Outline A: How did economic, geographic, and social factors encourage the growth of slavery as an important part of the economy of the southern colonies between 1607 and 1775?
I. Introduction Paragraph
A. During 1607-1775 the beginning stages of the economy for the southern colonies was a time of desperately needed labor, known as the “starving time” as the Indian laborers were no longer passive to the strict demands being given, but became rather troublesome and aggressive to overtake. This obstacle led the colonists to seek a more manageable alternative. The availability of these black slaves were in greater numbers by dealers seeking profitable gains. White men saw slavery as a means to better their own egos in society, as manual labor done by anyone other than a slave was noted as degrading. Since the slaves were taken from regions that were already accustomed to the extreme climates of the southern colonies, the African slaves were ideal workers in such conditions. B. Slavery in the southern colonies economically, socially, and geographically between 1607 and 1775 helped the investors and planters boost the economy.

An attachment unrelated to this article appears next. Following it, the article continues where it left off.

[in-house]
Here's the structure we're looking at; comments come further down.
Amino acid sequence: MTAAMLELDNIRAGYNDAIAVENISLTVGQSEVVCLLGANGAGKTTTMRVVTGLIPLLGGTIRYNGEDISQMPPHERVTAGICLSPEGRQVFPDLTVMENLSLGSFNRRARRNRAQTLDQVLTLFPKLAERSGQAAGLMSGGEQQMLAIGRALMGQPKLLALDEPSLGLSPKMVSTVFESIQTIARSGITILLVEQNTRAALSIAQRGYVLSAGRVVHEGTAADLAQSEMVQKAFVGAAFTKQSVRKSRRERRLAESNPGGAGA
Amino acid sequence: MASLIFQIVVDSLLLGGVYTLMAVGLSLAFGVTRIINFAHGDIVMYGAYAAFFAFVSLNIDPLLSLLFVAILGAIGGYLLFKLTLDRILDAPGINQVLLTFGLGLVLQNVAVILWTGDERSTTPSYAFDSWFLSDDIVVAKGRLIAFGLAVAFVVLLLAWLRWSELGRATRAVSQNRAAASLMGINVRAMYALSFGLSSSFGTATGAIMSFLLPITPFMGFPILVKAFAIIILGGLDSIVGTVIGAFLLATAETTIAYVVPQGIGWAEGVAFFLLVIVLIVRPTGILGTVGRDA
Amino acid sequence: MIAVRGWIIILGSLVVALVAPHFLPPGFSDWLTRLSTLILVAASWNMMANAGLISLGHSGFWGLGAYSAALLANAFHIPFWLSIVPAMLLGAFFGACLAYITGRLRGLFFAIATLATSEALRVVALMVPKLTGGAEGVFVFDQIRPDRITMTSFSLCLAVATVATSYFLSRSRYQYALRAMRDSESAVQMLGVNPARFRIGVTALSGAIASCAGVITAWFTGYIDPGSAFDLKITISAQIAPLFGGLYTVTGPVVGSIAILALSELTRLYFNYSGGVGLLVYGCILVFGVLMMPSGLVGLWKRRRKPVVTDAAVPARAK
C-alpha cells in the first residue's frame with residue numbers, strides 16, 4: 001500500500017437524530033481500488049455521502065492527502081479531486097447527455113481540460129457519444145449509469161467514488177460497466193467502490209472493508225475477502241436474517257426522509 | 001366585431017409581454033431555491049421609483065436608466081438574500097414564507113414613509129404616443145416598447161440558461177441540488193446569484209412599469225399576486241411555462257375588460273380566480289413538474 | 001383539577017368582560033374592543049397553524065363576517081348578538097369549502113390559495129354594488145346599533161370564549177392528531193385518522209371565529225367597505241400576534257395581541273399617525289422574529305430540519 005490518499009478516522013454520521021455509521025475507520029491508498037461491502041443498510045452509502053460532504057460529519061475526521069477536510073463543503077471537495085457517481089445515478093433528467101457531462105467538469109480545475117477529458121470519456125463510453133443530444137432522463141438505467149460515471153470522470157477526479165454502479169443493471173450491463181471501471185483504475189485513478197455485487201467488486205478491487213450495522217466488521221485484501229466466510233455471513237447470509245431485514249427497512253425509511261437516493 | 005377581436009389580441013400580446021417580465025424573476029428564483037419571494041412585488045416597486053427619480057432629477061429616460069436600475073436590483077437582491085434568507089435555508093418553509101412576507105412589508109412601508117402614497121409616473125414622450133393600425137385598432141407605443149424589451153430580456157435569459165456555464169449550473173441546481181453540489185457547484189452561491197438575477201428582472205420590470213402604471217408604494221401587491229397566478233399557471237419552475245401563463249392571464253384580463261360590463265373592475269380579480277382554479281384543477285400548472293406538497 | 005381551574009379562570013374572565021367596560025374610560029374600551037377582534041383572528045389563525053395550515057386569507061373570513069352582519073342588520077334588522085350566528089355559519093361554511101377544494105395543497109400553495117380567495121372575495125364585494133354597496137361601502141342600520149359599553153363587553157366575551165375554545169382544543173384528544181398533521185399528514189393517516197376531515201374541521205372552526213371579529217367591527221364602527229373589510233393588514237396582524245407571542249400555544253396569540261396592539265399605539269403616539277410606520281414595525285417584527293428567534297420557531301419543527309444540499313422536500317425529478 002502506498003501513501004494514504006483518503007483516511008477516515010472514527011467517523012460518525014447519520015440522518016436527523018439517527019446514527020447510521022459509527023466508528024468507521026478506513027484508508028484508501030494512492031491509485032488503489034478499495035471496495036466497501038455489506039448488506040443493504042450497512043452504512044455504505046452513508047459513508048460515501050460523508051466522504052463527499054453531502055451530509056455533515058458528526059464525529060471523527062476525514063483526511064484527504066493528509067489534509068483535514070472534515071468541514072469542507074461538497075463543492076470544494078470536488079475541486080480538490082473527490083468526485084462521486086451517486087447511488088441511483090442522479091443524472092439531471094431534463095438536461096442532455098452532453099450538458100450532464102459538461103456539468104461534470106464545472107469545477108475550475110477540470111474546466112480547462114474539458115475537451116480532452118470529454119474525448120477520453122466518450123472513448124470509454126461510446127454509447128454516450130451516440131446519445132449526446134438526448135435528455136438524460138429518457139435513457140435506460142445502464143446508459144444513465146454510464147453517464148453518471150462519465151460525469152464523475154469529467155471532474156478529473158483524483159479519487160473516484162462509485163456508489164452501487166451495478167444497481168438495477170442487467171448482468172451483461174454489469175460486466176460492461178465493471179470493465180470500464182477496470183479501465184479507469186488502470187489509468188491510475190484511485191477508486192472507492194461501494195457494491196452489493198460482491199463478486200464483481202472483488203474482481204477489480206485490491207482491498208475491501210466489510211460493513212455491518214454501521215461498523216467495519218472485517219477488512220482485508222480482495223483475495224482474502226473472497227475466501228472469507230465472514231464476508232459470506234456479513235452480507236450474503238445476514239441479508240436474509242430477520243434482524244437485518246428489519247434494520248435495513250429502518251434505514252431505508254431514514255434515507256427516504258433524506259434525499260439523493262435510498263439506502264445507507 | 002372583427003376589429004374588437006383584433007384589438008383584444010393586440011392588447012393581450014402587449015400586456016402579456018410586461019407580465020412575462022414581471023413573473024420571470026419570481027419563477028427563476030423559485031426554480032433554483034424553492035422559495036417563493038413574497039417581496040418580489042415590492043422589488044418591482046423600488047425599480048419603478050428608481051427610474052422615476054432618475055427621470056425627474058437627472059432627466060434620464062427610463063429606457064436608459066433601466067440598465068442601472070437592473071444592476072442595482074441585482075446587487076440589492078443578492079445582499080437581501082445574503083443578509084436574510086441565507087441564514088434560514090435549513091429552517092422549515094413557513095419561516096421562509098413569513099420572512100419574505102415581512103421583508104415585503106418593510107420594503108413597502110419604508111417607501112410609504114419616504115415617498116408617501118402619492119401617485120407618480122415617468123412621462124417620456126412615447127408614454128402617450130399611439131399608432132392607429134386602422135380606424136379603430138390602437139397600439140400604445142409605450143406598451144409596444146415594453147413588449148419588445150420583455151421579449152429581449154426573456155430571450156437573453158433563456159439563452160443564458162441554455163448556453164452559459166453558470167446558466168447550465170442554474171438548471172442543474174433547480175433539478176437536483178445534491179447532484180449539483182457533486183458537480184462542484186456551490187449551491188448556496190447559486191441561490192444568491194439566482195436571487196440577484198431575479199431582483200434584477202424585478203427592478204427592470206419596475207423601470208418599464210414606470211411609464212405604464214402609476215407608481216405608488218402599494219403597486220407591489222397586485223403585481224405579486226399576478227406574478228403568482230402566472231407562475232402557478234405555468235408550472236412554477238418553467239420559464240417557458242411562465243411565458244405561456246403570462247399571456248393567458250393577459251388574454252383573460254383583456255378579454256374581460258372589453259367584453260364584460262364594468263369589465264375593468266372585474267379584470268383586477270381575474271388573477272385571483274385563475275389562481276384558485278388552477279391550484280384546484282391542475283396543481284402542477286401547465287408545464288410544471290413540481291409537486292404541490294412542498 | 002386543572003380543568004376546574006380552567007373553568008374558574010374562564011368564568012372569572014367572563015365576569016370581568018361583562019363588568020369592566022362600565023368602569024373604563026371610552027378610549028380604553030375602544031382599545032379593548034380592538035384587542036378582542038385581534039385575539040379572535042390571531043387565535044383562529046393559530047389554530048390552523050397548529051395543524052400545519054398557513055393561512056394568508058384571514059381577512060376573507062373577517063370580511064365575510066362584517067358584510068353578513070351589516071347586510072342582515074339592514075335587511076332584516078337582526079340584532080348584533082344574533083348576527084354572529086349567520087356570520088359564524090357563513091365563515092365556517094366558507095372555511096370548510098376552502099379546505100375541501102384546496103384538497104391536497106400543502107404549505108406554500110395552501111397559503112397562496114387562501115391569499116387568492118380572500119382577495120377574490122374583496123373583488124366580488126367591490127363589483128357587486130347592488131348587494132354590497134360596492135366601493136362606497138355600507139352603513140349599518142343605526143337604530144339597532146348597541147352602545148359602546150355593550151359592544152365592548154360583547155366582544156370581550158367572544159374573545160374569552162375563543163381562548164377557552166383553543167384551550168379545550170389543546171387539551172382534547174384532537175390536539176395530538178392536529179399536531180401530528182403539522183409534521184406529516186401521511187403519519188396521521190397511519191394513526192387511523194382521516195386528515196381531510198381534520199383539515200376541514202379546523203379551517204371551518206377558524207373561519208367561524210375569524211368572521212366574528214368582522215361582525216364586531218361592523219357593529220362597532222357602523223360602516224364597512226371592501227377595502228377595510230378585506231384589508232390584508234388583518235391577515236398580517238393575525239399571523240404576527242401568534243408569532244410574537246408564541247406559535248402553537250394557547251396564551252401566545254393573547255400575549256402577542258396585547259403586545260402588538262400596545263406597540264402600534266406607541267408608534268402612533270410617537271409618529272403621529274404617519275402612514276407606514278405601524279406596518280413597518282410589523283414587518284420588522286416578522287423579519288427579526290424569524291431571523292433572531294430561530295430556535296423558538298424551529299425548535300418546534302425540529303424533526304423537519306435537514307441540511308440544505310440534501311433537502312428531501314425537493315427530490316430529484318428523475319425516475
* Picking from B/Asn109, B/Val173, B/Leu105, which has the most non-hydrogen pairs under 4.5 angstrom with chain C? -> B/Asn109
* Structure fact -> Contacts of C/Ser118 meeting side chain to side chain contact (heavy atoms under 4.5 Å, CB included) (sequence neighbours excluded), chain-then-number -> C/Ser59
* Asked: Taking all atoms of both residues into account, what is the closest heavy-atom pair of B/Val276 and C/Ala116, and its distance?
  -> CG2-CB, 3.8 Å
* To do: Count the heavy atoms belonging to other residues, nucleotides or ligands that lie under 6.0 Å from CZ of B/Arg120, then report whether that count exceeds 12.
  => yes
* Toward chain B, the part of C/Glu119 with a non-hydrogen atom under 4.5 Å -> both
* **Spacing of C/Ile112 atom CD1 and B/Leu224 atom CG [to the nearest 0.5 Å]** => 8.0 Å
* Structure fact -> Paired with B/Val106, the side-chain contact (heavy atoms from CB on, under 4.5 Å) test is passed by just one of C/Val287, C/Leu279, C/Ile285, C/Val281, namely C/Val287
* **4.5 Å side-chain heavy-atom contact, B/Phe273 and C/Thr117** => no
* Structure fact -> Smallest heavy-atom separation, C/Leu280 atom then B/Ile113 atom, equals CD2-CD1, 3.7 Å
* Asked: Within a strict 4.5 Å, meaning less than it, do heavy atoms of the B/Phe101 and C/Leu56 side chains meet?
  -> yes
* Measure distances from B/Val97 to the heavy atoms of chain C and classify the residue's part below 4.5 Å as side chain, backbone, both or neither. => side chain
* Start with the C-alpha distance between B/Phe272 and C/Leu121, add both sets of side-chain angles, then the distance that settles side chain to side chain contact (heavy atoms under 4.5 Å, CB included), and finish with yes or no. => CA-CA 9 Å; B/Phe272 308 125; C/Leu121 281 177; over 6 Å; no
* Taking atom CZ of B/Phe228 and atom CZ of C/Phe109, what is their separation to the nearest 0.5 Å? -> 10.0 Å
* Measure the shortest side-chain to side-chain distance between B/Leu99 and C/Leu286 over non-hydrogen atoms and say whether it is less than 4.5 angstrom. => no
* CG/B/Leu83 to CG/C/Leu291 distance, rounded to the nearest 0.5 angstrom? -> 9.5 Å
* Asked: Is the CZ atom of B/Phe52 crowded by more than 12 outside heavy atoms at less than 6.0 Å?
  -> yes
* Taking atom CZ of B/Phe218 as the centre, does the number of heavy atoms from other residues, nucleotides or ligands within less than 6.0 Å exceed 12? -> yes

II. Due to the southern colonists need for labor, they realized that African slaves would benefit them in the community because they were in large quantities for a great profit and easier enslavement. A. Colonists demanded too much labor intensive work for not enough workers; the Indians became too tough to handle which caused the search for more vulnerable laborers at a cheaply cost. (Zinn, 12) B. Slaves became immensely profitable as servants became more expensive. £25-£30 for a slave committed for life versus a purchase of just a couple years house servant at £15. (Taylor, 153) C. The relation between this evidence and thesis reveals that economically African slaves tended to weigh out on the scale of better options with the southern colonists who found a great deal of benefit when increasing the slave trade population from...
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